This is how I predict it will go down:
With the tenants successfully evicted, the sale will go through, and the Liberal Government will announce the success of their strategy. They’ll exhume their promise to build the 14 housing sites, and trumpet their holiness! And then… NO SHOVEL will break ground, NO HOUSING CONSTRUCTION will begin, and the site will remain EMPTY for at least another year.
Neighbour – Little Mountain Community
There are a number of important issues involved in the eviction of Sammy and Joan. I list a few here:
PHYSICAL JEOPARDY Sammy and Joan are both completely blind. Sammy fought the first eviction notice in 2009 for good reason, BC Housing did not have a plan to redevelop Little Mountain, and the safety of his wife was of the highest importance. Sammy did visit a number of BC Housing locations prior to deciding to reject with finality the offer to relocate. Every location that Sammy visited displayed environmental hazards – driveways, parking lots, concrete trip zones etc. – which posed a serious threat. I accompanied Sammy on several of those outings, and realized how many small obstacles we negotiate daily, and how we rely on our sight to get around them.
Sammy no longer has eyesight to help Joan negotiate unfamiliar territory. He can not longer assess the danger of any new environment for his wife, or himself. Relocation puts Sammy and Joan’s physical safely in real jeopardy.
DESTRUCTION OF LIVELIHOOD Sammy is one of Vancouver’s original urban organic gardeners. His garden is his life, and a mainstay of his diet. Sammy is also a chef, and both he and Joan cooks their own food.
Joan has mentioned that BC Housing intends to put them in a facility which garnishes 75% of their income for life support. This means that the facility prepares and cooks all the meals in an institutional setting. Currently Sammy keeps 75% of his income for life support, and buys and prepares food in his way. Sammy and Joan are two independent, blind seniors who live a frugal and healthy life.
Remove Sammy from his garden, and deny this blind couple any control over their diet and lifestyle and you might as well be putting them in prison.
PERSONAL SAFETY Recent news has brought the safety of many BC Housing operations into question. Seniors have spoken about how dangerous it is to live in BC Housing projects near the downtown east side. One woman mentioned that she had to sleep with “a knife under her pillow.”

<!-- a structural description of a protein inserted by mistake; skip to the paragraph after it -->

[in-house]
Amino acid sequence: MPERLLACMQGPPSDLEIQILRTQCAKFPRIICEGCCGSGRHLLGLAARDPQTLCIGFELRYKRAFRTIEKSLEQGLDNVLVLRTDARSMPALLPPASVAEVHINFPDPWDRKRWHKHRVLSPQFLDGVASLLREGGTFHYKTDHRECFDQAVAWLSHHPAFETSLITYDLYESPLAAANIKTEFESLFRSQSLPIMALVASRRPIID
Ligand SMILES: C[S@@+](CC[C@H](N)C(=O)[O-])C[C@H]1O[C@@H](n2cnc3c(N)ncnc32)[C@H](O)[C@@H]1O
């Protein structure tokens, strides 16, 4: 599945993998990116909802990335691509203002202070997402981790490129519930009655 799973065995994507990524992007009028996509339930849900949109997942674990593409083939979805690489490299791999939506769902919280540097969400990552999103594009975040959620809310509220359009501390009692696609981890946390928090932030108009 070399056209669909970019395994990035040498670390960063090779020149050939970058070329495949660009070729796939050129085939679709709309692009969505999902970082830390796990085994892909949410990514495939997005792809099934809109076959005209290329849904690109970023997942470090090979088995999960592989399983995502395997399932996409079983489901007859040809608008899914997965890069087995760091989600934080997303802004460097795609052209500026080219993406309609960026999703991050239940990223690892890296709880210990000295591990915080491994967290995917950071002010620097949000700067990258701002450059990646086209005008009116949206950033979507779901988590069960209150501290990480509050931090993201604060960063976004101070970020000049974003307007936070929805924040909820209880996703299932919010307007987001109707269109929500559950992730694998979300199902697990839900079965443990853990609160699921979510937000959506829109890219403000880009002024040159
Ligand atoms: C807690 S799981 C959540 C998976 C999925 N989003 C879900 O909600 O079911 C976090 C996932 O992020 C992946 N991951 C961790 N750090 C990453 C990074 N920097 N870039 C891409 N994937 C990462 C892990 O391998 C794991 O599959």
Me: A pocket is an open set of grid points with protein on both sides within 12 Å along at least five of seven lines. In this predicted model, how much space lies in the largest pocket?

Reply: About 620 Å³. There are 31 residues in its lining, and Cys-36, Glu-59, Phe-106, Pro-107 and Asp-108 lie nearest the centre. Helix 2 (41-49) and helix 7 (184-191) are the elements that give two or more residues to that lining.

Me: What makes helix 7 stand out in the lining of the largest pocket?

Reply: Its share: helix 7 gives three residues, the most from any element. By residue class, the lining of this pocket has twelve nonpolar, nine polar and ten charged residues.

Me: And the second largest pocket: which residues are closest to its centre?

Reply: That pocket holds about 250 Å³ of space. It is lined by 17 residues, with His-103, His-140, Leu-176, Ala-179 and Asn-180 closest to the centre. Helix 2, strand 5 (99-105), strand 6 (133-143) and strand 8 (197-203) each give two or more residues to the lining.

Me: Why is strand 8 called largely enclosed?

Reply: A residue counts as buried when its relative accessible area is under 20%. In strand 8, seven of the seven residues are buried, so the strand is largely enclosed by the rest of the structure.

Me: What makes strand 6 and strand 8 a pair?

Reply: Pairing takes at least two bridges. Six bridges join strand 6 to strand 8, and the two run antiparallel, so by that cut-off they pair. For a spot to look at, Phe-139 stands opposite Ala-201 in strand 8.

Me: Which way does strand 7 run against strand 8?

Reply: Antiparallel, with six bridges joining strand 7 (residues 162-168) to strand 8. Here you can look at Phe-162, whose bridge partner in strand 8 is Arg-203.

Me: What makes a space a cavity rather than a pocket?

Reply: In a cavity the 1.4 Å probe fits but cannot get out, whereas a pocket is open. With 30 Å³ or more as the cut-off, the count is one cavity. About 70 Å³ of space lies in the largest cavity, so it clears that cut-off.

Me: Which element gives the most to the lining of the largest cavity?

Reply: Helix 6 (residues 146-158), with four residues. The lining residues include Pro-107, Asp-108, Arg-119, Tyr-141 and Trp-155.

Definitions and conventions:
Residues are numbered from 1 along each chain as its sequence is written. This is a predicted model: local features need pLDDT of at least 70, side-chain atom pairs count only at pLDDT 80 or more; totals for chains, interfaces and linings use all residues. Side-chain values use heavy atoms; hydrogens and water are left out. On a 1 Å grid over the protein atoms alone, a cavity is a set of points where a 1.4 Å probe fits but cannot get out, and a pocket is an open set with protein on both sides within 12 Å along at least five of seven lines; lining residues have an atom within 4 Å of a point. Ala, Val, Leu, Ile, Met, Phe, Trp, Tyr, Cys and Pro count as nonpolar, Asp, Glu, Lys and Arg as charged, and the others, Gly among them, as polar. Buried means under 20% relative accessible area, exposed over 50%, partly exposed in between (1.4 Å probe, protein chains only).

BC Housing has been taking to them about Hastings Street (watch the video)! How well will a blind couple fare in such an environment? I’m sure that you can imagine! This eviction will compromise their personal safety.
HEALTH and STRESS Could BC Housing have picked a more stressful time in Sammy’s life, in which to evict him? The loss of his eyesight in March of 2012 a tragic event. Now, just as he is being offered hope that he might restore part of it, BC Housing burdens him with the stress of eviction. It’s no wonder that he can no longer sleep, and his life, leading up to both his eviction and his eye operation is hell. If BC Housing has anything in their mission statement about ethical and moral values, they are violating all of them at once.
CAN BC HOUSING MITIGATE THE PROBLEM? YES THEY CAN, by not moving Sam and Joan off the site until it is absolutely necessary, and certainly not in order to perform more “environmental testing” 18 months to two years prior to the commencement of any new construction.
In fact considering the enormity of the Little Mountain property, and the mandate of the developer — to build the replacement social housing in the first phase of development — it is very likely that a building could be built to satisfy that mandate and house Sammy and Joan, WITHOUT them ever needing to be relocated!
If BC Housing choses to pursue this latest round of evictions, they will be proving without a shadow of a doubt that they are not only capable of screwing up on a very large scale (witness the Little Mountain site today), but on the smallest personal level, continuously on the same project. What does that say about this crown corporation?
SAMMY AND JOAN NEED YOUR SUPPORT – NOW. Find out how, by clicking HERE, and by connecting to this FACEBOOK page.
Little Mountain Community